Representative Nancy Nathanson
April 2011
City Councilors

Eugene City Councilors visit with Rep Nathanson
at the Capitol.

Dear Friends and Neighbors,
I'm sending this short newsletter to you at the end of a long week, to explain a bit about what's been going on.  Friday was the deadline for a bill to be scheduled for a committee "work session" where the committee will decide whether to move it out of committee, or end discussion.  We have been working hard to persuade colleagues to schedule a work session on the bills to improve our work on passenger and freight rail, increase access to primary care, protect children from abuse, and other topics.

While tempers could have flared this week and the mood darkened throughout the building, it was pretty calm as we just took care of business - even though we were pleading and advocating to get hearings scheduled and committee action on bills.  The communication challenges, and logistics, are somewhat more complicated due to the nature of shared governance which requires both committee co-chairs to agree on scheduling.  There are a couple of other mechanisms that may be used to keep a bill moving, but those should be used rarely, and with caution.  I want to emphasize that from my perspective, and my work with colleagues, this week has gone well.

For those of you who look at voting statistics, there are days when almost every vote is unanimous in the House, or nearly  unanimous. Wednesday was one of those.  We heard 13 bills. Eleven passed without a "no" vote, and the other two passed with 59 and 54 votes (out of 60).  You hear much about major disagreements, but there's also a lot of business we get done in a bipartisan manner.


In This Issue
It is alive? Meeting the first bill deadline
Voter Registration & K-12 Education Budget
Join Our Mailing List!
Quick Links

Capitol News

Is it alive? Meeting the first bill deadline

Prep testimony
Rep Nathanson, joined by an advocate and staff, prepares for a hearing on one of her bills.  

By the end of Friday, any bill that remained in committee and was not scheduled for a work session was probably dead for this session.  As of Friday afternoon, we have determined that four of our bills have died in committee.  Here's the fate for the rest:  Four have already passed the House, and another to be voted on next week; two passed out of committee and are waiting to be heard in Ways and Means; we abandoned two because the ideas were incorporated into a live bill in the Senate; we abandoned two others to continue work in the interim; and 10 more bills will have hearings and work sessions next week.  We are still "working the bills"!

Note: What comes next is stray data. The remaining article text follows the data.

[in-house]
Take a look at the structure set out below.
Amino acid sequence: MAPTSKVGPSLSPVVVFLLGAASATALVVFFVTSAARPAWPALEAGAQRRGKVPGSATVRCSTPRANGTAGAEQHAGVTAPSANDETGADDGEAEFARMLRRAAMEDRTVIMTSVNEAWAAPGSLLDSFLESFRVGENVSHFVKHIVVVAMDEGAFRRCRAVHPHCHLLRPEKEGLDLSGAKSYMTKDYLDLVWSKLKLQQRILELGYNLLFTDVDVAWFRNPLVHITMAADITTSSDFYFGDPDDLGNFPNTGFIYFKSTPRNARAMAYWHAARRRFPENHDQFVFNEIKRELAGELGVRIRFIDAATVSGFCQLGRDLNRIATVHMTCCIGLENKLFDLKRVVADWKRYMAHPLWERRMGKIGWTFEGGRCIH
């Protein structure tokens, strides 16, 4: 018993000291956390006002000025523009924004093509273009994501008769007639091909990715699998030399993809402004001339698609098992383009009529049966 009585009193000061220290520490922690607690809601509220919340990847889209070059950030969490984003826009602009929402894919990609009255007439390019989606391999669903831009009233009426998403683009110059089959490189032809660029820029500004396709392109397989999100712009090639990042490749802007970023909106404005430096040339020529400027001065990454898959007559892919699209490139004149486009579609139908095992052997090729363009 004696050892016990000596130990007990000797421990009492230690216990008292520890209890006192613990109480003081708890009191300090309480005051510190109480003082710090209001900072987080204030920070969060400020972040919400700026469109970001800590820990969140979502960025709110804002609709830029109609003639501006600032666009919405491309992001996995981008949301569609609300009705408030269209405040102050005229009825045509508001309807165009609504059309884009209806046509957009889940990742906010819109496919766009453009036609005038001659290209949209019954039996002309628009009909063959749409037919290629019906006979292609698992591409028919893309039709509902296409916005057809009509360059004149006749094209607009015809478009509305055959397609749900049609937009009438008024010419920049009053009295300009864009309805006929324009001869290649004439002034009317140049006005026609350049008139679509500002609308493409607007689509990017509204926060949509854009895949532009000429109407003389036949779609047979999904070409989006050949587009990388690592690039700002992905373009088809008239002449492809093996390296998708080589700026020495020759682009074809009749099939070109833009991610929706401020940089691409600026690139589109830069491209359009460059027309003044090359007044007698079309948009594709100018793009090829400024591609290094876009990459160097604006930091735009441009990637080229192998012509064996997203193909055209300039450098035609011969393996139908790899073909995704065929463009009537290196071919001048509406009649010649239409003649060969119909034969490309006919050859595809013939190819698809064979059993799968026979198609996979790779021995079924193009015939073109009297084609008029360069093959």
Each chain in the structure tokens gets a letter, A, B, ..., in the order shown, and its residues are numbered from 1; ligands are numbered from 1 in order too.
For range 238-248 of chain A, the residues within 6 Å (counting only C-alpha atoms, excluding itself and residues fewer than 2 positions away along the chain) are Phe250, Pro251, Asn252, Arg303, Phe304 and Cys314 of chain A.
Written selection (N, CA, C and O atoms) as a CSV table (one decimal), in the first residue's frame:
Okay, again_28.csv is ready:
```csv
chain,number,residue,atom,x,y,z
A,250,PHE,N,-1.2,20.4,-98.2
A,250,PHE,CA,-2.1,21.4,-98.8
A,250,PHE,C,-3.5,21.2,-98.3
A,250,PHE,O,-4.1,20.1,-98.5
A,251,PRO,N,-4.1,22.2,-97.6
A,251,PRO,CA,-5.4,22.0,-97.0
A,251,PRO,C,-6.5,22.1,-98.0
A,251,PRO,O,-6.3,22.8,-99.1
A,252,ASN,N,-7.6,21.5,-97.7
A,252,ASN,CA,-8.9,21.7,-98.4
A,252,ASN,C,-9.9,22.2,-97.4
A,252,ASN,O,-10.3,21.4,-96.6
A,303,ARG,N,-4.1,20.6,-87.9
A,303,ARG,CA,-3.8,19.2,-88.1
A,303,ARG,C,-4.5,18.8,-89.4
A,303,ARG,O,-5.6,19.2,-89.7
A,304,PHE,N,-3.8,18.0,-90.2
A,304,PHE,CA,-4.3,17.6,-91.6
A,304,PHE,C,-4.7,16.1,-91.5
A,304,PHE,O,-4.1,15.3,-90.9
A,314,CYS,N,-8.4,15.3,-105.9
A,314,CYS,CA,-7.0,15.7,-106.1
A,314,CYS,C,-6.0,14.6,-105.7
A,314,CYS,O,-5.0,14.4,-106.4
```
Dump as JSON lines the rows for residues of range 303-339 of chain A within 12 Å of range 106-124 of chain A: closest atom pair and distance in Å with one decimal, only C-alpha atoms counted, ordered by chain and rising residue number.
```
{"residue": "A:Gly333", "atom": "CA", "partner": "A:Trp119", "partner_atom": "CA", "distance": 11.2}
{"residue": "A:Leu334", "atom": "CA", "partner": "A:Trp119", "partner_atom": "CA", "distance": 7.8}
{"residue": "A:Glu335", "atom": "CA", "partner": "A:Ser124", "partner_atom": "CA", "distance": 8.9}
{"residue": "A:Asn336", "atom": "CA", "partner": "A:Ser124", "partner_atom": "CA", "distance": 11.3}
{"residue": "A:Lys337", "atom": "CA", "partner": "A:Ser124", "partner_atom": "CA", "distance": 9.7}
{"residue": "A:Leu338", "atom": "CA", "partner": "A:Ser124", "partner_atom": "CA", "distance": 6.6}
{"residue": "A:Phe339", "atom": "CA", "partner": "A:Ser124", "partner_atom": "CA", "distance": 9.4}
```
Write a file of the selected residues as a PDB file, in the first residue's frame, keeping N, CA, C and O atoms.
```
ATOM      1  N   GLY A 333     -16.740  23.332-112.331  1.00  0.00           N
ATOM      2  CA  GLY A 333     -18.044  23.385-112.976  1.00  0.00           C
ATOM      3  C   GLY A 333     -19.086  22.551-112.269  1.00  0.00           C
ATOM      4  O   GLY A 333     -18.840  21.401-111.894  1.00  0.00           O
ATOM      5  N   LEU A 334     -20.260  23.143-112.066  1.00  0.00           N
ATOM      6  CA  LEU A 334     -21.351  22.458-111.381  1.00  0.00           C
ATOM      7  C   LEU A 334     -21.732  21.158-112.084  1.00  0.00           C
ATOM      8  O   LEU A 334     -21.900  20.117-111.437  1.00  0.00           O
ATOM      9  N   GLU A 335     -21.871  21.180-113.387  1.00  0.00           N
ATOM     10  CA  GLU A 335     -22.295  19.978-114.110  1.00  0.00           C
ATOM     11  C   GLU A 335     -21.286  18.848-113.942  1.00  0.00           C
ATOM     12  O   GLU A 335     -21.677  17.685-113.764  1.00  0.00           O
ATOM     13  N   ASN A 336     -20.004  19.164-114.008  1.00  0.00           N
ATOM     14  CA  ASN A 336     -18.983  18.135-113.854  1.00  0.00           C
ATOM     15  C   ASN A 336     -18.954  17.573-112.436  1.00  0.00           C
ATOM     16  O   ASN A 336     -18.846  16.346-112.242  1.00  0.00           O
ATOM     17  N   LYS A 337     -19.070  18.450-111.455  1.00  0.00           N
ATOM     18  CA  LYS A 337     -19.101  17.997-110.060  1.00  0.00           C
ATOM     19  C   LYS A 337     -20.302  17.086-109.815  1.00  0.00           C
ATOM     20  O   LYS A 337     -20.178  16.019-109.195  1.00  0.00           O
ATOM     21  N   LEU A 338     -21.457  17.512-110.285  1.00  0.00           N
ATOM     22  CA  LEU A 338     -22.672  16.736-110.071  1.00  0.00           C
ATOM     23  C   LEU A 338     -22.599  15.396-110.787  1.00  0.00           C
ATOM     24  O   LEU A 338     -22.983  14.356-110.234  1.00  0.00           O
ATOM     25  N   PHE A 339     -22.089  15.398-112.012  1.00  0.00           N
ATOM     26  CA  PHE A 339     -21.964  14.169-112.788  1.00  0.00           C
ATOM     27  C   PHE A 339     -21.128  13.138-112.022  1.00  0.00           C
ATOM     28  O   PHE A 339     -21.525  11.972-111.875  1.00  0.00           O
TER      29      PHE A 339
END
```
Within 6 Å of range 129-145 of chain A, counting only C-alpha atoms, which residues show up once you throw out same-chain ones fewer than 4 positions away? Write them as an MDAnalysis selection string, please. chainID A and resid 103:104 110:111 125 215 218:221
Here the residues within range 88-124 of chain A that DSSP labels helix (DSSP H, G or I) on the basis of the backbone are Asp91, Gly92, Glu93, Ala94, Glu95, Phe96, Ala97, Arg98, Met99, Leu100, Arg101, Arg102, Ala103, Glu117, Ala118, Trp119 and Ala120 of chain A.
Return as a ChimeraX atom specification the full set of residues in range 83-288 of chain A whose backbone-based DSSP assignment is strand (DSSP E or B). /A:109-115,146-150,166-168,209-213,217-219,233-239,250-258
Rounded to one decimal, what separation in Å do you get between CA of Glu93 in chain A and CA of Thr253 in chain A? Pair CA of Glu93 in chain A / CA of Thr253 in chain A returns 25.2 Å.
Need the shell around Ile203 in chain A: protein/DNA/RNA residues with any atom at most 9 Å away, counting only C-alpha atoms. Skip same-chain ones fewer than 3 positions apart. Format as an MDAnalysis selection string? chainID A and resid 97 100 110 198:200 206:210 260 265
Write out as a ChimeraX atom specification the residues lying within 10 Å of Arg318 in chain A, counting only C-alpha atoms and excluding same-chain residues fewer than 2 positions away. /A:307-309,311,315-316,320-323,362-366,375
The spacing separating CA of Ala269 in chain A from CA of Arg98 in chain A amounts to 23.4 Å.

Background: A bill, or proposed legislation, generally follows this path: legislator develops the idea, often working with interested parties;  specific language is written by Legislative Counsel; look for sponsors and co-sponsors; introduce the bill in the appropriate chamber (House or Senate); bill is assigned to a committee; committee co-chairs decide whether to schedule a hearing; co-chairs decide whether to schedule a work session to consider, amend, and vote on the bill; if approved by committee, bill goes for vote first in the originating chamber (House or Senate) or to Joint Ways and Means Committee if there is a cost to the state. At each step, there may be deadlines, or hurdles to overcome.

Voter Registration.  K-12 Education Budget

Two of the important pieces of legislation this week:


The House passed HB 2880 to ensure that Oregon complies with the National Voter Registration Act and to continue improving the security, accuracy, and efficiency of voter registration.

On Friday morning, he Joint Ways and Means Committee (the budget committee) passed the first major budget bills, those that direct dollars to school districts. Those bills will now go to the House and Senate.


The Governor's recommended budget provides K-12 funding for the 2011-2013 biennium at $5.56 billion. During negotiations, by the Ways and Means Co-Chairs, that number was increased to $5.7 billion, partly by using $100 million from the Education Stability Fund. This assures schools a higher floor for education funding as 2011-2013 budget negotiations proceed. Despite these gains from the Governor's recommended budget, that level of funding is inadequate for our schools.


I voted for this budget as the right thing to do on Friday, so school districts can start working on their budget for next year. I know from our school district, and hearing about others, that schools are closing, teachers will be laid off, and way too many kids will be crammed into classrooms. The cuts we'll need to make also in human services and public safety will hurt, deeply. We're sitting on a big reserve fund. After we hear the next revenue forecast I'll help work on a way to use some more of the education stability fund or rainy day fund to reduce the cuts to education and human services.

Families know the value of putting away some money in savings when they can afford it - and they'd sure spend it if the car broke down or the roof was leaking into the family room. This is one of those times. We were smart to save the money; now it's time to spend some of it to prevent some of the most awful consequences.